For many of us who attend tradeshows every year (my pilgrimage is SXSW Interactive here in Austin) there is a common theme of connection.
Kathy Sierra asked her keynote audience in 2006, “How many of you are live-blogging this presentation?”
When 20 or so hands went up in the room of 500+ she followed up, “Why are you HERE? I mean, all of you can get this information online, and you can even get my speech rebroadcast via bloggers in better bite-size chunks. So… Why are you here, in Austin Texas at SXSW?” (I paraphrased.)
Her point is that we come to events to connect. We come out of passion and a desire to meet and be with others who share the same passion. We form circles of passion or adhoc groups that we can’t quite establish, though we are trying, via the online experience.
So what is an event then, a live event? It is the actual social network. What we create in our online social communities is a pale substitute for the real, look-in-your-eyes, connection that you and I might make if we were sitting in a room together sharing coffee.
And I believe it is the passion and trust that is hard to translate into online communities. If we are too passionate we come across as enthusiasts, who often do not have the commitment or weight behind what we are saying. Or we might not have “earned” the trust or reputation that this kind of enthusiasm requires.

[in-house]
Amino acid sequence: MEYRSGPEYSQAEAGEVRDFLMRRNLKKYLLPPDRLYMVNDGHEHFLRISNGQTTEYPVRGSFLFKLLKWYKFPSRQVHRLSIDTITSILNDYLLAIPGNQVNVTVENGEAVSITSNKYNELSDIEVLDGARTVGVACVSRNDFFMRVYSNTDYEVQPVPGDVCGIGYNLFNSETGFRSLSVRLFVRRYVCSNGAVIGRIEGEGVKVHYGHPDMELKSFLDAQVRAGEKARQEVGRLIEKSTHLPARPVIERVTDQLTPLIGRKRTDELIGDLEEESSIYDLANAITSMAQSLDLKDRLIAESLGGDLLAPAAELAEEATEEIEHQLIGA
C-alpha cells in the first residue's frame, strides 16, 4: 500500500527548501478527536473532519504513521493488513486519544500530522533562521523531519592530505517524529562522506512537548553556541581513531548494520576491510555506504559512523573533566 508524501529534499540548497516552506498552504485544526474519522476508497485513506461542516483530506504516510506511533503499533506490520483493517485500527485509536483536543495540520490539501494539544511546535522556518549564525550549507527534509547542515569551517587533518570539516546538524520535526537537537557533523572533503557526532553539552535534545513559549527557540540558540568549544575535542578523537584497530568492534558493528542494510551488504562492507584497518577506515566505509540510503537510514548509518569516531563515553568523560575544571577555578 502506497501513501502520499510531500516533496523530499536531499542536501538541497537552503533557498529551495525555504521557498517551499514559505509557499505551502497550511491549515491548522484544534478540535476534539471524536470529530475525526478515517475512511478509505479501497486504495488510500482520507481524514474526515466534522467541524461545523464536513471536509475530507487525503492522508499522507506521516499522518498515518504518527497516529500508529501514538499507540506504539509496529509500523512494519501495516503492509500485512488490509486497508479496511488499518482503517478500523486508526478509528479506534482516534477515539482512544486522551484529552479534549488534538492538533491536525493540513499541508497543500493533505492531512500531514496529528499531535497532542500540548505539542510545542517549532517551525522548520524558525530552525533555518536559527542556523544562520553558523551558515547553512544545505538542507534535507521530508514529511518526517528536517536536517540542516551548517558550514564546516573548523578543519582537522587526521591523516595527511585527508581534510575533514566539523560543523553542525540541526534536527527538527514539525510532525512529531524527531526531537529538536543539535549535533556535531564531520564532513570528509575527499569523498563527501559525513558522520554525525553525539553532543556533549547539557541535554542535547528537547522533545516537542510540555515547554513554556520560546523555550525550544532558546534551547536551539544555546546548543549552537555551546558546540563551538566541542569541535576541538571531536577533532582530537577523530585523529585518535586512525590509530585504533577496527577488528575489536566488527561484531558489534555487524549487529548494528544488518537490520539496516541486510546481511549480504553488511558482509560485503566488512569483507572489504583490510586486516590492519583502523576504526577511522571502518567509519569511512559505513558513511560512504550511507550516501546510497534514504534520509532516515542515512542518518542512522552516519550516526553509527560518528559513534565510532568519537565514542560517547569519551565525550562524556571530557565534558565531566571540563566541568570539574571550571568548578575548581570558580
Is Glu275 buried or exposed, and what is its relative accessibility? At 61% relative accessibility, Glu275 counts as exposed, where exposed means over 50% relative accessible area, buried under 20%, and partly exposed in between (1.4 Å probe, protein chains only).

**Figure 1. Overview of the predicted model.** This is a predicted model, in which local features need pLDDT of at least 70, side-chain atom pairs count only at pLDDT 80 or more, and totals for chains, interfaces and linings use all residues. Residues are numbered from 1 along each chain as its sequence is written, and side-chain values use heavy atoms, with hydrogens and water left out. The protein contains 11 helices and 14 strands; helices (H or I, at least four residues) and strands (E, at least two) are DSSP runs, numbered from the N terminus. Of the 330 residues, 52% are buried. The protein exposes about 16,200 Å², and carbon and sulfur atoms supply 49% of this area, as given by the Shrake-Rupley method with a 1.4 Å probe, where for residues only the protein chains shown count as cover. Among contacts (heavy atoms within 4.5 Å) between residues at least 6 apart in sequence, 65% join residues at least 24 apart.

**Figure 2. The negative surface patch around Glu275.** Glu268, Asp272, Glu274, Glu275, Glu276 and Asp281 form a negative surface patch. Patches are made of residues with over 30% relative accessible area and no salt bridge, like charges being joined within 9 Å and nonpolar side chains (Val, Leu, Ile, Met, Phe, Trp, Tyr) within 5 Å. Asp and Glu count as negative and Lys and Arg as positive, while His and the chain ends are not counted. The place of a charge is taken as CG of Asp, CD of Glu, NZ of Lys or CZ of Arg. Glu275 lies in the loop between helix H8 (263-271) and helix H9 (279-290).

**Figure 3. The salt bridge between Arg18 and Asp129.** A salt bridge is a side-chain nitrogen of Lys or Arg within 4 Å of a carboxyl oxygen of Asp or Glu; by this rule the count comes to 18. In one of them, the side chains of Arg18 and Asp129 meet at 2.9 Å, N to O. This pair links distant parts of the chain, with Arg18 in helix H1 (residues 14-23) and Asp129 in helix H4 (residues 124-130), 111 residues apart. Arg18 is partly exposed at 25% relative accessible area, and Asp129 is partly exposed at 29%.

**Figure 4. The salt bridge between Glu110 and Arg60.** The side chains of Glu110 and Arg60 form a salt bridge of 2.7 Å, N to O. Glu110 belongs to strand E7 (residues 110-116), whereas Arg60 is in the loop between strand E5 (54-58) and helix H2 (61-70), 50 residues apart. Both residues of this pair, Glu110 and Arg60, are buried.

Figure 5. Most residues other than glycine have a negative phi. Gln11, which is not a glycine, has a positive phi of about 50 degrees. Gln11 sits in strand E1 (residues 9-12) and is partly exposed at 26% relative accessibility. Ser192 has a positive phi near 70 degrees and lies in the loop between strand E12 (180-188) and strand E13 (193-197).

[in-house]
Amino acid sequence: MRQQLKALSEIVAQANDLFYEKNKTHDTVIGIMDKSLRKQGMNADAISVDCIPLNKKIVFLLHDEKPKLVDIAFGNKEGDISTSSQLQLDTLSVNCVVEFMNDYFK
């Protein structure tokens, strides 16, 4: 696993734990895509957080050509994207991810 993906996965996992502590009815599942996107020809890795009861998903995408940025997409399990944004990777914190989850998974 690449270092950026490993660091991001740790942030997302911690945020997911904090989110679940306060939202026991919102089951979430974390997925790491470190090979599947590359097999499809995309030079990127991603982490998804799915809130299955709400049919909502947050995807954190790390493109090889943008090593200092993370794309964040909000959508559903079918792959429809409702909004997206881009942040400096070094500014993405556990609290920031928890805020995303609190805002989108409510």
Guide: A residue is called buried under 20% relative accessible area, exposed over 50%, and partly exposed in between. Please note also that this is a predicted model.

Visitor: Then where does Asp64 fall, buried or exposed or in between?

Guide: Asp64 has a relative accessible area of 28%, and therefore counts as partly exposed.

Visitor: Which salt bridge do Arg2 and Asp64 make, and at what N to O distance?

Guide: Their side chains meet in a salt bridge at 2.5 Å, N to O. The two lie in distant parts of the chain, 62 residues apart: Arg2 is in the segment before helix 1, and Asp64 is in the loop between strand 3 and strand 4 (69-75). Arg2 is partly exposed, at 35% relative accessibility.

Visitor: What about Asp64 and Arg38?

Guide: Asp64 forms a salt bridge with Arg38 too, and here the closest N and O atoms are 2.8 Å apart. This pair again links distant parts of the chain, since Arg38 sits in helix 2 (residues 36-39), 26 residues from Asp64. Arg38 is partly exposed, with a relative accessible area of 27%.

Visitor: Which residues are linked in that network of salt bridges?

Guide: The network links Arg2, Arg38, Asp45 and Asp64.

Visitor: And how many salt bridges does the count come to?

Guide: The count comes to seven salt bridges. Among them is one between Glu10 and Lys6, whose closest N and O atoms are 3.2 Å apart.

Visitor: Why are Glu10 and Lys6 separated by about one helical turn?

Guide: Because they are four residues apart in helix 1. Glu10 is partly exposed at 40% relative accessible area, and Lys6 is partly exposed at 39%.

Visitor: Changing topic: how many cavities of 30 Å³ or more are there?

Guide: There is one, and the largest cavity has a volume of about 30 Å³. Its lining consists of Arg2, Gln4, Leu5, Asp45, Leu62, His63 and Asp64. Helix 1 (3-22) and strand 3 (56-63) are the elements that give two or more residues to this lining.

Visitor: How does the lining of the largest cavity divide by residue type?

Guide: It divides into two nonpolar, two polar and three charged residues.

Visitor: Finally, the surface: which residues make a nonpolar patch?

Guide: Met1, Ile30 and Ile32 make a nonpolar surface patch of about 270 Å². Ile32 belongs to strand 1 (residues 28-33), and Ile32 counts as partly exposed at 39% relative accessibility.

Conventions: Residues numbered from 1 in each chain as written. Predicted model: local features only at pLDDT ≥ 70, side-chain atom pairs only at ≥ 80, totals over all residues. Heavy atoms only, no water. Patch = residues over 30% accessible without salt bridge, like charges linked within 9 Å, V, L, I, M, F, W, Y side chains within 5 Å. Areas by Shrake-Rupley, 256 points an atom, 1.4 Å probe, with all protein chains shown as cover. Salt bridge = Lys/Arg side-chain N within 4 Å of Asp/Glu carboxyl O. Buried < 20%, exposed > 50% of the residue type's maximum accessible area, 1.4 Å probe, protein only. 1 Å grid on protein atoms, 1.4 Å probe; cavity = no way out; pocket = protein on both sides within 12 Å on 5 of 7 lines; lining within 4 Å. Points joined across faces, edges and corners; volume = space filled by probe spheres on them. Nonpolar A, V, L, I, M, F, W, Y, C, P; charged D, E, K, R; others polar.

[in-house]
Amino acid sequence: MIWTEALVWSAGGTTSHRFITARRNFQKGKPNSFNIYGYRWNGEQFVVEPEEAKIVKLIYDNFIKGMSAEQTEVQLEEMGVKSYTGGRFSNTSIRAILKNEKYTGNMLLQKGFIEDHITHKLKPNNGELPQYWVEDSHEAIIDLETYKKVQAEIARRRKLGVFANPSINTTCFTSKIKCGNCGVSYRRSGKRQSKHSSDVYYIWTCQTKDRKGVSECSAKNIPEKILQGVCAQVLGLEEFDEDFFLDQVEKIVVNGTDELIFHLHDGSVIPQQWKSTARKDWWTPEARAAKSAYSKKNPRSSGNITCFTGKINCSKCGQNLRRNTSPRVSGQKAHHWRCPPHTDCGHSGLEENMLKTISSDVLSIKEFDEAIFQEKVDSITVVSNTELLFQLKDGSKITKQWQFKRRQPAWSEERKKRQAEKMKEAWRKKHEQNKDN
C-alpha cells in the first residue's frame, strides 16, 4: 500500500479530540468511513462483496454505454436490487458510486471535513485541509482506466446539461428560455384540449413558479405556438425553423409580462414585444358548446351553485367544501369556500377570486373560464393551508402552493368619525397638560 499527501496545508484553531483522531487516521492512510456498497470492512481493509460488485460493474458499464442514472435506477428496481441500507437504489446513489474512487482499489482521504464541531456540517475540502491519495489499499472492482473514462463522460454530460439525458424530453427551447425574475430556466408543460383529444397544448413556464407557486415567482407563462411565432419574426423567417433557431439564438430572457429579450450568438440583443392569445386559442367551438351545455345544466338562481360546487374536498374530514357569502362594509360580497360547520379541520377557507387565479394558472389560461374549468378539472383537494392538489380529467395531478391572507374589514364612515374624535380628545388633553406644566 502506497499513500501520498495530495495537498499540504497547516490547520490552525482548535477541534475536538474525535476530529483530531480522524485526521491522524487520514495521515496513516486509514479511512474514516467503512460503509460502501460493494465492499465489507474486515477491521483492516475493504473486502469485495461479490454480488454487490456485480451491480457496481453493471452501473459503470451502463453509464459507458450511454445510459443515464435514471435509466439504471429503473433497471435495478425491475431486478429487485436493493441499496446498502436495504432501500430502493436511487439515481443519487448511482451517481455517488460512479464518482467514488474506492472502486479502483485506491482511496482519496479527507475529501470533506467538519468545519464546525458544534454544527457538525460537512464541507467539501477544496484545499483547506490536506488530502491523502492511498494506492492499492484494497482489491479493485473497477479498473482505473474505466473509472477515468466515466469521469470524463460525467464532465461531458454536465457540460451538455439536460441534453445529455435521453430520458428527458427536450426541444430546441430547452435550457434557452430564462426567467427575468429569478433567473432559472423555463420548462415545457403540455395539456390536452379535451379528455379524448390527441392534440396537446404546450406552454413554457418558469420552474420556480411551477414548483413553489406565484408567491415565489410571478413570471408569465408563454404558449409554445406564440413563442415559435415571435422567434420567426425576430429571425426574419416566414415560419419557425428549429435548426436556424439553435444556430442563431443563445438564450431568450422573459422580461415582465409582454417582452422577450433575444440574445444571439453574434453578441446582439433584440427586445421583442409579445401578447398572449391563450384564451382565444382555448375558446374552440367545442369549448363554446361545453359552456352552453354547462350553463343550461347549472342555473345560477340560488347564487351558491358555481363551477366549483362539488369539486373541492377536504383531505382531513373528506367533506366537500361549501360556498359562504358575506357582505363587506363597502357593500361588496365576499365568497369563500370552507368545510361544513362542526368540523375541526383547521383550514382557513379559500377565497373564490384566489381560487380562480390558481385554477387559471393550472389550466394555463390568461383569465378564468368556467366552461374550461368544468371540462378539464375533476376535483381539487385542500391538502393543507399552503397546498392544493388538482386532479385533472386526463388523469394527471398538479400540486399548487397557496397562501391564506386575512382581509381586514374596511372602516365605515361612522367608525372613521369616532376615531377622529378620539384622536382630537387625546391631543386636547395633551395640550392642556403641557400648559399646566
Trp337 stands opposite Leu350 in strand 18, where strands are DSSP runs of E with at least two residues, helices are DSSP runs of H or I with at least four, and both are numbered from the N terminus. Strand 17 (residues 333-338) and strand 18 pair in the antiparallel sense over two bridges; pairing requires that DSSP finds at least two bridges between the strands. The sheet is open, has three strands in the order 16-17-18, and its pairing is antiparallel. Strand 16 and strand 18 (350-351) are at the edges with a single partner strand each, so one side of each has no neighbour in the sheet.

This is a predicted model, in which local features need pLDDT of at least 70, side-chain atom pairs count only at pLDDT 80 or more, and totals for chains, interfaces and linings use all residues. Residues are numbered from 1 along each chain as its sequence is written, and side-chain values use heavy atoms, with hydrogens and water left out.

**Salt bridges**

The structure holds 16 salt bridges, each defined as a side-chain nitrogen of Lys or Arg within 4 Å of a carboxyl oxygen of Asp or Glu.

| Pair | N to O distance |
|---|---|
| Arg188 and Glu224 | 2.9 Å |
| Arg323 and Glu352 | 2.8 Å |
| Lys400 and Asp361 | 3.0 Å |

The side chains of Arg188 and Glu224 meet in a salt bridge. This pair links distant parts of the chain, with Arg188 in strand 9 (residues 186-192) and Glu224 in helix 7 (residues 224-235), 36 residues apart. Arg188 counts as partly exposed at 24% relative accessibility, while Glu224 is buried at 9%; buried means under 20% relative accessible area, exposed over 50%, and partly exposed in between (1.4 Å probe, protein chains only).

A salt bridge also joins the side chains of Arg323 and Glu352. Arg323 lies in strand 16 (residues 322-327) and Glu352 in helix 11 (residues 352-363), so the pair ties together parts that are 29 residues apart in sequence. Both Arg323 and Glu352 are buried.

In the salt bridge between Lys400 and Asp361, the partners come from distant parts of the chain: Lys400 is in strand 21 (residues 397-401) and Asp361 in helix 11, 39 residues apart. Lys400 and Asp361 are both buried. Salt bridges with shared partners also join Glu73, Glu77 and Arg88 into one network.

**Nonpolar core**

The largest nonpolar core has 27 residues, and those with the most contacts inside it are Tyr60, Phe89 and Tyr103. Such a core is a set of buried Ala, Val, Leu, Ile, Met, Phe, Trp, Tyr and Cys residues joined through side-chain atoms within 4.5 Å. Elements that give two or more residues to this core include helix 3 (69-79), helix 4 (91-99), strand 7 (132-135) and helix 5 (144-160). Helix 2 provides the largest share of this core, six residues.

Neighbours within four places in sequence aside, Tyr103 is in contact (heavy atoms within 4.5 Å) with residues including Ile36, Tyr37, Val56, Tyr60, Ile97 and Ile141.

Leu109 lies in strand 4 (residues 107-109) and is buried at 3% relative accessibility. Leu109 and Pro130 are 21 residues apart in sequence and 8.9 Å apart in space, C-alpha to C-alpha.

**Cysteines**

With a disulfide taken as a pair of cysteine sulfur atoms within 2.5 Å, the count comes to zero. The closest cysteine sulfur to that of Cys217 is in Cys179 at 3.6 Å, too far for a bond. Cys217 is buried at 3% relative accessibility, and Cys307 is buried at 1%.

And trust is a quality you earn. You cannot advertise trust, or claim expertise within a group where you are not “trusted.” Well, you can, but your effectiveness will be blunted and perhaps your ideas rebuffed.
So how can we build communities of trust and passion using existing social media tools?
I believe the building blocks of the required “trust” are formed in face-to-face meetings. Once trust is established between myself and a team member there is very little I will not share (aka: risk) with this “known” friend. And so EVENTS are a place where we can begin to define and establish our networks of trust and passion. And perhaps learning from our first-hand experience, in building and participating in these next-gen or “trusted social networks” we can help define this potential for the social enthusiasts who follow and gather with us to commune and share.
See you online or at SXSWi 2009.
Note: John McElhenney works for Dell’s Global Online Team exploring social media